U.S. Heartland Sees No End in Sight to Epic Drought

The drought that has been pummeling the U.S. for much of the summer shows no signs of letting up, according to the latest U.S. Drought Monitor released Thursday. While the overall area under drought was largely unchanged over the previous week’s figures, the nature of the drought has gotten more dire.

Conditions in the nation’s agricultural heartland were especially worrisome: Missouri, Arkansas, Oklahoma, Kansas, Nebraska, and Illinois all saw an expansion of the most severe drought categories, “extreme” and “exceptional”; New Mexico also saw a worsening of its already significant dryness.

In fact, the entirety of eight states — Colorado, Illinois, Indiana, Iowa, Kansas, Missouri, Nebraska and Oklahoma – are considered in a drought.

At least moderate drought conditions prevailed over 52.27 percent of the U.S. (including Alaska, Hawaii, and Puerto Rico), down just slightly from 52.6 percent a week earlier, but the area suffering severe drought or worse was up, from 38.12 percent to 38.48 percent.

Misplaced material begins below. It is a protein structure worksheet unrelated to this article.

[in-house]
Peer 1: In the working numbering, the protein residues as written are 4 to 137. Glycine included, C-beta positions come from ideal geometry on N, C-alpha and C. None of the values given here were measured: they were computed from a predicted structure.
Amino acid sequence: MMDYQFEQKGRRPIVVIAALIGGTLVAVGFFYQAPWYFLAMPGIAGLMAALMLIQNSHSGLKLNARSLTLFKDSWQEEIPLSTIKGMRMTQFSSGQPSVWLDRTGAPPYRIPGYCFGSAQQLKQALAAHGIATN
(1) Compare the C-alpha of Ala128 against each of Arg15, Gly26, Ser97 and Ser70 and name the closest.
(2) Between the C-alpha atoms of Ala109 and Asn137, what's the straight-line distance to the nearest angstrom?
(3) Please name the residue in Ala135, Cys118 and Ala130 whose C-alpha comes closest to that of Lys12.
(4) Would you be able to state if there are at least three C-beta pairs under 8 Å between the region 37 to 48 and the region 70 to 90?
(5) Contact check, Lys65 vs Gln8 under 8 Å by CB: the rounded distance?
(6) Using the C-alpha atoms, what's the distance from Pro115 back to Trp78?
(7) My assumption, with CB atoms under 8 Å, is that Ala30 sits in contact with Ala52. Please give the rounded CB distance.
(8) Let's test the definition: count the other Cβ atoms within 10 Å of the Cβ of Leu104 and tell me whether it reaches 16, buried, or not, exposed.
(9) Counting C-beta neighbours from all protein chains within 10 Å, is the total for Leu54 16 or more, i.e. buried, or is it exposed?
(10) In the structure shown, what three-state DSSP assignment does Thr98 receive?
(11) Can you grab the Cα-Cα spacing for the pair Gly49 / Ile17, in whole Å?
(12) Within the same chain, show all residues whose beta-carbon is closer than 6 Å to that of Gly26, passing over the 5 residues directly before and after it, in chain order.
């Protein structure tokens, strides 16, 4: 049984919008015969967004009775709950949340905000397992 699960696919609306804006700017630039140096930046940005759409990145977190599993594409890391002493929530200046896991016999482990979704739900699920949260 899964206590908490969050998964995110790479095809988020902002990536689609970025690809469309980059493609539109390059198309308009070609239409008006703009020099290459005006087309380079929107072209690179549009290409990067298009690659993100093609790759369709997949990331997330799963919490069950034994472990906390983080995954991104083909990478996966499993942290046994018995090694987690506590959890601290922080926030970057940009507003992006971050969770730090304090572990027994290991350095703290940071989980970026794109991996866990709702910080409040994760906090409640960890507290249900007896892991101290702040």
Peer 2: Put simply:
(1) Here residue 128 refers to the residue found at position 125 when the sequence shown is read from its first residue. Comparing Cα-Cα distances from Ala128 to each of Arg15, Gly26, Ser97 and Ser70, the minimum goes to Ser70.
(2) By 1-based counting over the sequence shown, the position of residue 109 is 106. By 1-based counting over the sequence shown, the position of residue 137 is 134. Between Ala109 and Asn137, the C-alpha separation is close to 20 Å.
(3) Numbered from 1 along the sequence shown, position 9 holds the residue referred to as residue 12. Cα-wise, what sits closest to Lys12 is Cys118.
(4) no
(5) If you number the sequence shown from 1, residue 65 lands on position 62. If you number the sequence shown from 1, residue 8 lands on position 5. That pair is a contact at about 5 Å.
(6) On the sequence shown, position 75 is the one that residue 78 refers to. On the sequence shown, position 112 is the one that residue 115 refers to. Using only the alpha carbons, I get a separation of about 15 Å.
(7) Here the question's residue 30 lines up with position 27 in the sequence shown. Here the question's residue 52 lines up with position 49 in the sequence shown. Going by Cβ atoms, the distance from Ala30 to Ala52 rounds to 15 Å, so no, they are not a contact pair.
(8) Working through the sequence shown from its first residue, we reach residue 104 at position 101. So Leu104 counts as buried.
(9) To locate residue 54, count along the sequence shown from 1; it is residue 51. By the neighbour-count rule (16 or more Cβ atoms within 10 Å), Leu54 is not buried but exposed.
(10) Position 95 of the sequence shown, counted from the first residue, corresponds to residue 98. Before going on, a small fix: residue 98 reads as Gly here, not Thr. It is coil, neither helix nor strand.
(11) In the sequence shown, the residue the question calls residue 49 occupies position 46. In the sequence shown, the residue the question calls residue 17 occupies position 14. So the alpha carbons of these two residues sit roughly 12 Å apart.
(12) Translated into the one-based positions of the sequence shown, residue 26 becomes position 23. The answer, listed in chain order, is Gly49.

The more dire category of extreme drought or worse jumped more than a percentage point, to 20.18 percent of the total land area — that’s fully one fifth of the nation experiencing extreme drought — and the amount of the U.S. suffering exceptional drought jumped by about 30 percent, to some 3.51 percent of the nation.

The news wasn’t all bad: parts of South Dakota and Wyoming showed some improvement — but that only ratcheted the emergency down from “exceptional” to “extreme drought.”

As for what to expect over the next few months, the bad news is likely to continue. The latest U.S. seasonal drought outlook, compiled on August 2, suggests that the drought will persist or intensify through the end of October, although an uptick in rainfall should ease the dryness in the Southwest, the southern tip of Texas, and parts of Ohio and Michigan.